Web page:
A first piconet 12 is controlled by the Master M1 and includes five Slaves S1, S2, S3, S4 and S5. A second piconet 14 is controlled by the Master M2 and includes three Slaves S5, S6, S7. A third piconet 16 is controlled by the Master M3 and includes three Slaves S7, S8 and S9. The Slave S5 is a common node interconnecting the first piconet 12 with the second piconet 14. The Slave S7 is a common node interconnecting the second piconet 14 with the third piconet 16.

Each of the Masters and Slaves is a Bluetooth-enabled device. Such a device may operate as a Master or a Slave depending upon circumstances. The Bluetooth devices may be mobile.

Embodiments of the invention allow the topology of the scatternet to be changed to improve the routing of a packet between a first Bluetooth device and a destination Bluetooth device.

FIG. 2 illustrates a new topology for the scatternet 10 that is created to improve the routing of a packet between a first Bluetooth device 22 and a destination Bluetooth device 24. The adapted scatternet 10 comprises an additional direct LPRF radio communications link 20 between the first Bluetooth device 22, which operates as the Slave S4 in the first piconet 12, and the destination Bluetooth enabled device 24, which operates as the Slave S9 in the third piconet 16. This new direct radio communications link 20 forms a new fourth piconet 18 that includes the first device 22 as its Master M4 and the destination device 24 as its Slave S9.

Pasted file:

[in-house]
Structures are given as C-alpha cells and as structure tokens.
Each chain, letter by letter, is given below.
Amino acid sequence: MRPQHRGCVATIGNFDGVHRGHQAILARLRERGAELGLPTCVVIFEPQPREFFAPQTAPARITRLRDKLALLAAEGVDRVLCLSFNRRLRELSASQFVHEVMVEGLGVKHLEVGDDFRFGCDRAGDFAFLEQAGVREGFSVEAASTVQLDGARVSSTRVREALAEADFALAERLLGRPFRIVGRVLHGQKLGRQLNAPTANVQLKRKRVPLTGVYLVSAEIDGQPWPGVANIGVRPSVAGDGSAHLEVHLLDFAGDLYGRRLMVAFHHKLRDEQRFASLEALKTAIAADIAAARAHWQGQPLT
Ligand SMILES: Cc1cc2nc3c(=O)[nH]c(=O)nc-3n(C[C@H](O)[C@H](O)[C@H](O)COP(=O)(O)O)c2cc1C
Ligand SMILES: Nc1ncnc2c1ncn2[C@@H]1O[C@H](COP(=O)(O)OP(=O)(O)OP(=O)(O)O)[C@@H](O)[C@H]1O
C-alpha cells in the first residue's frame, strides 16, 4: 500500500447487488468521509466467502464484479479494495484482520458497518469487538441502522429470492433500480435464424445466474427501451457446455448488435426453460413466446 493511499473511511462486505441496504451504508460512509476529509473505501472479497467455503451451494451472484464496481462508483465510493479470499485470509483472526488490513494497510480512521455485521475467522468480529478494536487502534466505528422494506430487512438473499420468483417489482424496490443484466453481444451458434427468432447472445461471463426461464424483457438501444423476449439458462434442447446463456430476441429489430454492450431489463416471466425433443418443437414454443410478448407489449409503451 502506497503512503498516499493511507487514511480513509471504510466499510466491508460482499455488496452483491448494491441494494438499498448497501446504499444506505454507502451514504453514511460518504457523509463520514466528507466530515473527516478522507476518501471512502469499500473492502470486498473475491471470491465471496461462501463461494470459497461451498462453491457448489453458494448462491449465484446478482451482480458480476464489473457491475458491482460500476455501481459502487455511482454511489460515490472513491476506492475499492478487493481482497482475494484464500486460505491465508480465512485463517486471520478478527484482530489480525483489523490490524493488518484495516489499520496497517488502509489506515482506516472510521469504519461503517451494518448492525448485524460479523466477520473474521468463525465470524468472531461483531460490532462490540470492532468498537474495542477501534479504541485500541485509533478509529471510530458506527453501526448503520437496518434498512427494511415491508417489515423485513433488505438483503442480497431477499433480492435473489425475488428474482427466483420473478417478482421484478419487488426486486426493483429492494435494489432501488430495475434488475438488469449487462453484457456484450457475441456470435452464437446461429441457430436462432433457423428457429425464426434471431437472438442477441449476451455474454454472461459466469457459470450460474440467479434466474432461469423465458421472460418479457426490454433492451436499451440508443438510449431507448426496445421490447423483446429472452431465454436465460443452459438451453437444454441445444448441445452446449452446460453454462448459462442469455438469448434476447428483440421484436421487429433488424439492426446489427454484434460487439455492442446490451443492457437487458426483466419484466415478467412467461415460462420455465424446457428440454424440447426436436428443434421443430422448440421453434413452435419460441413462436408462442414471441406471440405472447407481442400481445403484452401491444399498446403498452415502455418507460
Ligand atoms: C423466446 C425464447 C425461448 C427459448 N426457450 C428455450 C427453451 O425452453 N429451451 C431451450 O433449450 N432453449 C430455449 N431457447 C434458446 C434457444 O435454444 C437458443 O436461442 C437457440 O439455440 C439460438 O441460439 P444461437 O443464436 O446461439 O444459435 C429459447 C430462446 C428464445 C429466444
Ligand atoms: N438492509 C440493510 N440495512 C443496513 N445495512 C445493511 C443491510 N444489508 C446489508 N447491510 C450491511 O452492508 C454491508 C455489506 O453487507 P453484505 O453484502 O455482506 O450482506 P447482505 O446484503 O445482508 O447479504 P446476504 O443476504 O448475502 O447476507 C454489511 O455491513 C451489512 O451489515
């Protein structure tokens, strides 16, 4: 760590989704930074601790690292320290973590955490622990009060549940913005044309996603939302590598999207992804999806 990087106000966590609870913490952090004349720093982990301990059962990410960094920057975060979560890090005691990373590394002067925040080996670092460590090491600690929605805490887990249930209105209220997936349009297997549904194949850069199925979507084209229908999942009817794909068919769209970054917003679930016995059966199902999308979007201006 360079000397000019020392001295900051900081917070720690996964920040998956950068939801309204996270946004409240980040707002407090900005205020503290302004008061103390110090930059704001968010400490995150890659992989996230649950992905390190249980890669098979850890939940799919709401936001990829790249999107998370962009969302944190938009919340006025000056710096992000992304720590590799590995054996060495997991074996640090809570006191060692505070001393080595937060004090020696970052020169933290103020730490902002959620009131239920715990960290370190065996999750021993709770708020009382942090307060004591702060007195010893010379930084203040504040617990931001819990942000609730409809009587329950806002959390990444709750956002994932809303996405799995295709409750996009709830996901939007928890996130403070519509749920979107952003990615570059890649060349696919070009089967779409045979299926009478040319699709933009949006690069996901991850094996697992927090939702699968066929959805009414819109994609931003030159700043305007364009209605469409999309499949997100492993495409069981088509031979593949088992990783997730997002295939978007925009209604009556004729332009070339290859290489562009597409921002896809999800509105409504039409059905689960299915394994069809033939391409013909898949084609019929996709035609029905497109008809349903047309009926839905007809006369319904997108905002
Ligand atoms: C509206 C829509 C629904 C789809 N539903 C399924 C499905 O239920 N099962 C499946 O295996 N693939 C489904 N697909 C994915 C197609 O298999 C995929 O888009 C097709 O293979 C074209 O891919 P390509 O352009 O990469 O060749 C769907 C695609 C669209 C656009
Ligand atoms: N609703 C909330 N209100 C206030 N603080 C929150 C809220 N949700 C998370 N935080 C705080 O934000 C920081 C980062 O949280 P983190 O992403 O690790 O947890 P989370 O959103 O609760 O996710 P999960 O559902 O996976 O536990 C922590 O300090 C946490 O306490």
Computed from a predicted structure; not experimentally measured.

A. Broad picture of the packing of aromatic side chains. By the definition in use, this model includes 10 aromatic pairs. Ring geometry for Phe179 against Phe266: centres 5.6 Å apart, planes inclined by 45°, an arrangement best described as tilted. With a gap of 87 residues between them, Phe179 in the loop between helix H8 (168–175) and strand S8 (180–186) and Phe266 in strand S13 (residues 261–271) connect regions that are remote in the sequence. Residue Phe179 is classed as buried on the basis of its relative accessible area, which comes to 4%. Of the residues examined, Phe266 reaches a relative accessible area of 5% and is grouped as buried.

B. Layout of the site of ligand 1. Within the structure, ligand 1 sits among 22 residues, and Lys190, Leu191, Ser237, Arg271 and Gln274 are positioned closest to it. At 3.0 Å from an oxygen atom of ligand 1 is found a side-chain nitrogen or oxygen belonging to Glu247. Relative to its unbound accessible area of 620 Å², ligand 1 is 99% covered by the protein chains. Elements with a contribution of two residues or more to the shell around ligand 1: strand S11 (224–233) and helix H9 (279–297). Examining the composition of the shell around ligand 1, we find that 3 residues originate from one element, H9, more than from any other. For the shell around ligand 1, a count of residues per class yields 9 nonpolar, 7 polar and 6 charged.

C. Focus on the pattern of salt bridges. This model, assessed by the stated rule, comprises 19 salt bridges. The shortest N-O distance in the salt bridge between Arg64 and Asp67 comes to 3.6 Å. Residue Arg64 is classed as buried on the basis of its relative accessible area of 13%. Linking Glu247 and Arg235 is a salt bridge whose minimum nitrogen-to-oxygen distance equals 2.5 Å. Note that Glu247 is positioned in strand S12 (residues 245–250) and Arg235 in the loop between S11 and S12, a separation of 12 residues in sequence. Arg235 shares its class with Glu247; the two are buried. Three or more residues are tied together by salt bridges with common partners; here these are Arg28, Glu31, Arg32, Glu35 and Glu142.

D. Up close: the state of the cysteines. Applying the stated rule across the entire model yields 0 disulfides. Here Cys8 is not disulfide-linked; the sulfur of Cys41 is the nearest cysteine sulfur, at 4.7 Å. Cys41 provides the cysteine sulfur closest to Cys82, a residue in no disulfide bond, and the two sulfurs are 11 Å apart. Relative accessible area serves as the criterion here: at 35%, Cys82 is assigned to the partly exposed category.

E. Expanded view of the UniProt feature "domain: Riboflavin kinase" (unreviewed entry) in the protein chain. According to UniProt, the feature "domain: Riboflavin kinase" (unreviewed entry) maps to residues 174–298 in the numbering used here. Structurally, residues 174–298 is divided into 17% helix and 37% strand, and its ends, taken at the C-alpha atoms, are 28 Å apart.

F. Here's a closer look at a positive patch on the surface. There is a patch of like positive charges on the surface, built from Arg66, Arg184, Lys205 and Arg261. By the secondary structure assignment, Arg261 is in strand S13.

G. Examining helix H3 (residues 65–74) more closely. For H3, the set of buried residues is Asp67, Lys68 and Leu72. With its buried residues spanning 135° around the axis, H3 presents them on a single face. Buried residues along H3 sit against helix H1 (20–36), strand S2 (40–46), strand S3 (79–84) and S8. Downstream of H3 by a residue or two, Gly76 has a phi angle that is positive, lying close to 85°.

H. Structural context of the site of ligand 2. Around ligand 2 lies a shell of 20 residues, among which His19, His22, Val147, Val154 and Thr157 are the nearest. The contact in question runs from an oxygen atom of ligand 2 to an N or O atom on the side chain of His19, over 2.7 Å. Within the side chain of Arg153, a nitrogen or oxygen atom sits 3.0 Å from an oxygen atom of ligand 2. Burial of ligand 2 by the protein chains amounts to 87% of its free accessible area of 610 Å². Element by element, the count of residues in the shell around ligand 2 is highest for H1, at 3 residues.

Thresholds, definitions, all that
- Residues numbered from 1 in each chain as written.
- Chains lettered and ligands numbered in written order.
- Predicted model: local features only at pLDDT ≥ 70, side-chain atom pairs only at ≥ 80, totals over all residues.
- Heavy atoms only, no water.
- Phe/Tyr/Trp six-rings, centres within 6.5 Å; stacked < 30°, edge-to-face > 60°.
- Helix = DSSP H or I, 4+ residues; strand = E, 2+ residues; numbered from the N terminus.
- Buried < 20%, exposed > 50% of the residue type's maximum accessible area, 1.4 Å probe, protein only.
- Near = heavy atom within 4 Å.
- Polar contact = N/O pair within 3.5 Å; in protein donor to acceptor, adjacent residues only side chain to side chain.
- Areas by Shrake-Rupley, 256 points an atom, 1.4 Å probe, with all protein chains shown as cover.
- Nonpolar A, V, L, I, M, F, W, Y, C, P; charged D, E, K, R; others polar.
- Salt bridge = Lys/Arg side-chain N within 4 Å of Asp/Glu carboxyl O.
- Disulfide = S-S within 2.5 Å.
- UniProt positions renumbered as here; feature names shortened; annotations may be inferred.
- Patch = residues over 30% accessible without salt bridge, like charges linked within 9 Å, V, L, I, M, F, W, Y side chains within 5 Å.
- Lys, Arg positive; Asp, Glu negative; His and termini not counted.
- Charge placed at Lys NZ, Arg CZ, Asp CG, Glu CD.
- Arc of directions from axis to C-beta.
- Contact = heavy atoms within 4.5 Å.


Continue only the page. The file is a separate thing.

The topology of the scatternet 10 changes as a result of routing a radio packet. In order to route a packet from a first device 22 in one piconet 12 to a destination device 24 in a different piconet 16, a direct LPRF radio communications link 20 is created between the first device 22 and the destination device 24. The direct radio communications link creates a short-circuit in the network topology. The radio packet can then be sent via this short-cut.

The direct radio communications link 20 may be temporary. For example, it may be released after a predetermined period of inactivity of the link.

The first device 22 may need to find an optimal route to the destination device because it needs to transmit data originating at the first device to the destination terminal 24, or because it needs to forward a received routing request towards the destination terminal.